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Protected areas now cover nearly 17% of Earth’s surface: U.N. report

  • A new report from the United Nations Environment Programme and the International Union for Conservation of Nature reveals that countries are closing in on the target set in 2010 of protecting or conserving 17% of the Earth’s surface.
  • Since 2010, the area of the marine environment that’s under protection has more than tripled, although global coverage is less than 8%, falling short of the 10% goal set in Aichi Target 11.
  • While there has been some success, international leaders agree there should be more focus on quality as well as quantity in designating protected and conservation areas.
  • As the U.N. Biodiversity Conference scheduled for October 2021 in Kunming, China, approaches, the report calls for a stronger emphasis on the contributions of Indigenous and local communities, while also ensuring that the world’s poorest don’t shoulder an outsize burden from these efforts.

The area of protected land on Earth has increased to seven times the size of India since 2010, according to a report released May 19 by the United Nations Environmental Programme (UNEP) and the International Union for Conservation of Nature (IUCN).

The addition of 2 million square kilometers (more than 770,000 square miles) brings the world tantalizingly close to meeting one of the goals set at the 2010 Convention on Biological Diversity conference held in Japan’s Aichi prefecture.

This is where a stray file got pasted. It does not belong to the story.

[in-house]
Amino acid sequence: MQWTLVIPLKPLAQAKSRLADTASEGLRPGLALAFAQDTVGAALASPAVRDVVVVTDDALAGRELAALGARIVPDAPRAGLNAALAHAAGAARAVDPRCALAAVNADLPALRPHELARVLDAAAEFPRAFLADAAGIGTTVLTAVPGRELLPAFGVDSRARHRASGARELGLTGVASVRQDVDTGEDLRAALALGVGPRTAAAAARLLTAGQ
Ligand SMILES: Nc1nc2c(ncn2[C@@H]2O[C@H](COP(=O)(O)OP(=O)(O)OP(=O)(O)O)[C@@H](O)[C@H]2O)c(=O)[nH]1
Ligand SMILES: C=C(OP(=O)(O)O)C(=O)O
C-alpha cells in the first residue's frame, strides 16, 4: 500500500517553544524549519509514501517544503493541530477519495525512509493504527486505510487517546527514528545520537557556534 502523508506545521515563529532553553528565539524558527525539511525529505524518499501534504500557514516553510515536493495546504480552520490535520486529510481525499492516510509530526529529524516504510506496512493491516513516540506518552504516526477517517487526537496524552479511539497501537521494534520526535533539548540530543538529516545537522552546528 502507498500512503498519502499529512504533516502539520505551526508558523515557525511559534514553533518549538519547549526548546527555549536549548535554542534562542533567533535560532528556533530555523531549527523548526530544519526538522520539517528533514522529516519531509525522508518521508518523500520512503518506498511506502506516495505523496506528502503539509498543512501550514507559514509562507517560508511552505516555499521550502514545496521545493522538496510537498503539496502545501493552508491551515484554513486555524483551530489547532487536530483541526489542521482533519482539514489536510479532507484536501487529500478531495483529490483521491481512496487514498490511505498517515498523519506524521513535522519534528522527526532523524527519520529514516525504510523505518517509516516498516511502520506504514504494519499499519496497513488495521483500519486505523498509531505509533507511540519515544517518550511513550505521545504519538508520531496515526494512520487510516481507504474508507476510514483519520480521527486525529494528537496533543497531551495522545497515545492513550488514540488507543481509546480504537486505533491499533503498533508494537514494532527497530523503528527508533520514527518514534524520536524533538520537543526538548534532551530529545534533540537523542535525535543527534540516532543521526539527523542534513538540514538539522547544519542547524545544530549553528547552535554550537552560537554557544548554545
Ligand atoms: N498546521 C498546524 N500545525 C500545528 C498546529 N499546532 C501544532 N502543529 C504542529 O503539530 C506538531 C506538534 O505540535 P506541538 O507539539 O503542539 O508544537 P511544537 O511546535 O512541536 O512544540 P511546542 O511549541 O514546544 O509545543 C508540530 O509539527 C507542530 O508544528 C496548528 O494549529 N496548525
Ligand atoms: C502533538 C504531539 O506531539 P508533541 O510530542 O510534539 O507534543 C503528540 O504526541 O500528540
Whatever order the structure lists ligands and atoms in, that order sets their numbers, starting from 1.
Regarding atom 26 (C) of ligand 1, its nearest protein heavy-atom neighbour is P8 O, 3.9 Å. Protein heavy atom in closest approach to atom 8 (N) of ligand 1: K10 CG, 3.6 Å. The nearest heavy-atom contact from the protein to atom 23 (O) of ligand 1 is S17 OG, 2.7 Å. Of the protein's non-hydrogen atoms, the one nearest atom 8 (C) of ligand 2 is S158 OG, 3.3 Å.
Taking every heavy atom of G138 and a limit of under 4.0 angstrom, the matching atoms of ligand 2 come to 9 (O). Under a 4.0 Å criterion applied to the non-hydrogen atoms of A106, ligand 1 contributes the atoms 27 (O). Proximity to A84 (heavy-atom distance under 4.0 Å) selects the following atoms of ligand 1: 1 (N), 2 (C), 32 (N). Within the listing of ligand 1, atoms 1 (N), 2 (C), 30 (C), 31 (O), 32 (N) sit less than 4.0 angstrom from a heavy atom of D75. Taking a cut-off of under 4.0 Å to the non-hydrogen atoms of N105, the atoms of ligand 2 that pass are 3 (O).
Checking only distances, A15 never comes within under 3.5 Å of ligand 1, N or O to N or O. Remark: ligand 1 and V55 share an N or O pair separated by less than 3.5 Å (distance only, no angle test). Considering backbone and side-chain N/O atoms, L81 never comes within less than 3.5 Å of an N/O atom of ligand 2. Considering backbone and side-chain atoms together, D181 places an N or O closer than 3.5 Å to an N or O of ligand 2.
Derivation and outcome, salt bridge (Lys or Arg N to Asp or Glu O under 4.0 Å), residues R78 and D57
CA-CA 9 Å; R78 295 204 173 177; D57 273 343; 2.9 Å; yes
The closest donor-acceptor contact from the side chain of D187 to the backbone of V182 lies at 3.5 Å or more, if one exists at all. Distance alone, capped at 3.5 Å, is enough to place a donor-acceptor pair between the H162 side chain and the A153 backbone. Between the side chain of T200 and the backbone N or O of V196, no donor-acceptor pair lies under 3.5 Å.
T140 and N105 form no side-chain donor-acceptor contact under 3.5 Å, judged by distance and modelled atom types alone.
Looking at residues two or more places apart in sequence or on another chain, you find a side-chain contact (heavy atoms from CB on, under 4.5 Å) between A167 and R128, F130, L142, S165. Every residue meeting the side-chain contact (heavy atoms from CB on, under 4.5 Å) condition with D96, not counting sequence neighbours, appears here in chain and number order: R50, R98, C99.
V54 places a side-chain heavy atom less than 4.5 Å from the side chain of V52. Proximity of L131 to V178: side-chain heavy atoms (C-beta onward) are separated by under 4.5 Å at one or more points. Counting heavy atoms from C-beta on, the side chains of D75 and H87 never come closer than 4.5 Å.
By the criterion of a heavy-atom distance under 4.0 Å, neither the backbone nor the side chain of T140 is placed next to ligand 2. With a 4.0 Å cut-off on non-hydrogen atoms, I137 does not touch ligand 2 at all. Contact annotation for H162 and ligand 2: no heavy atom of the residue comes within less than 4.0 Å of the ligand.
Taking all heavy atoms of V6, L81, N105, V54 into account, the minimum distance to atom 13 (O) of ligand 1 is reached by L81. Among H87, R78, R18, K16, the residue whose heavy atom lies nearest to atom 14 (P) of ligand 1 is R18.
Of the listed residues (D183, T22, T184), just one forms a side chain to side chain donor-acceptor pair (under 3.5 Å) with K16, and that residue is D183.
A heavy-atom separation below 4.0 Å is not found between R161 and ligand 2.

Inger Andersen, executive director of UNEP, called those gains “impressive.”

“We do need to congratulate the national governments for stretching and for getting so far,” Andersen said at a press conference. “But we also need to understand that there’s more to be done.”

Rainforest along the Tambopata River. Image by Rhett A. Butler/Mongabay.
Rainforest along the Tambopata River. Image by Rhett A. Butler/Mongabay.

The Protected Planet Report 2020 takes stock of measures taken to meet what’s known as Aichi Target 11, which called for protecting 17% of Earth’s land and 10% its marine environments by 2020. The report also lays the groundwork for a new framework aimed at protecting nature, which will be decided upon at the U.N. Biodiversity Conference, scheduled for October 2021 in Kunming, China.

The raw numbers tabulated in the report revealed that parks, preserves and other conservation-focused areas cover 16.64% of all land. The report’s authors say ongoing efforts to identify all of the land that’s currently conserved or managed privately or by Indigenous and local communities will almost certainly be enough to push that proportion past the 17% goal in Aichi Target 11.

But although protected area coverage in the oceans has more than tripled since 2010, to 28.1 million square kilometers (nearly 11 million square miles), it falls short of safeguarding 10% of marine environments worldwide.

The report also notes that some protected areas do a better job of protecting biodiversity and critical ecological regions than others.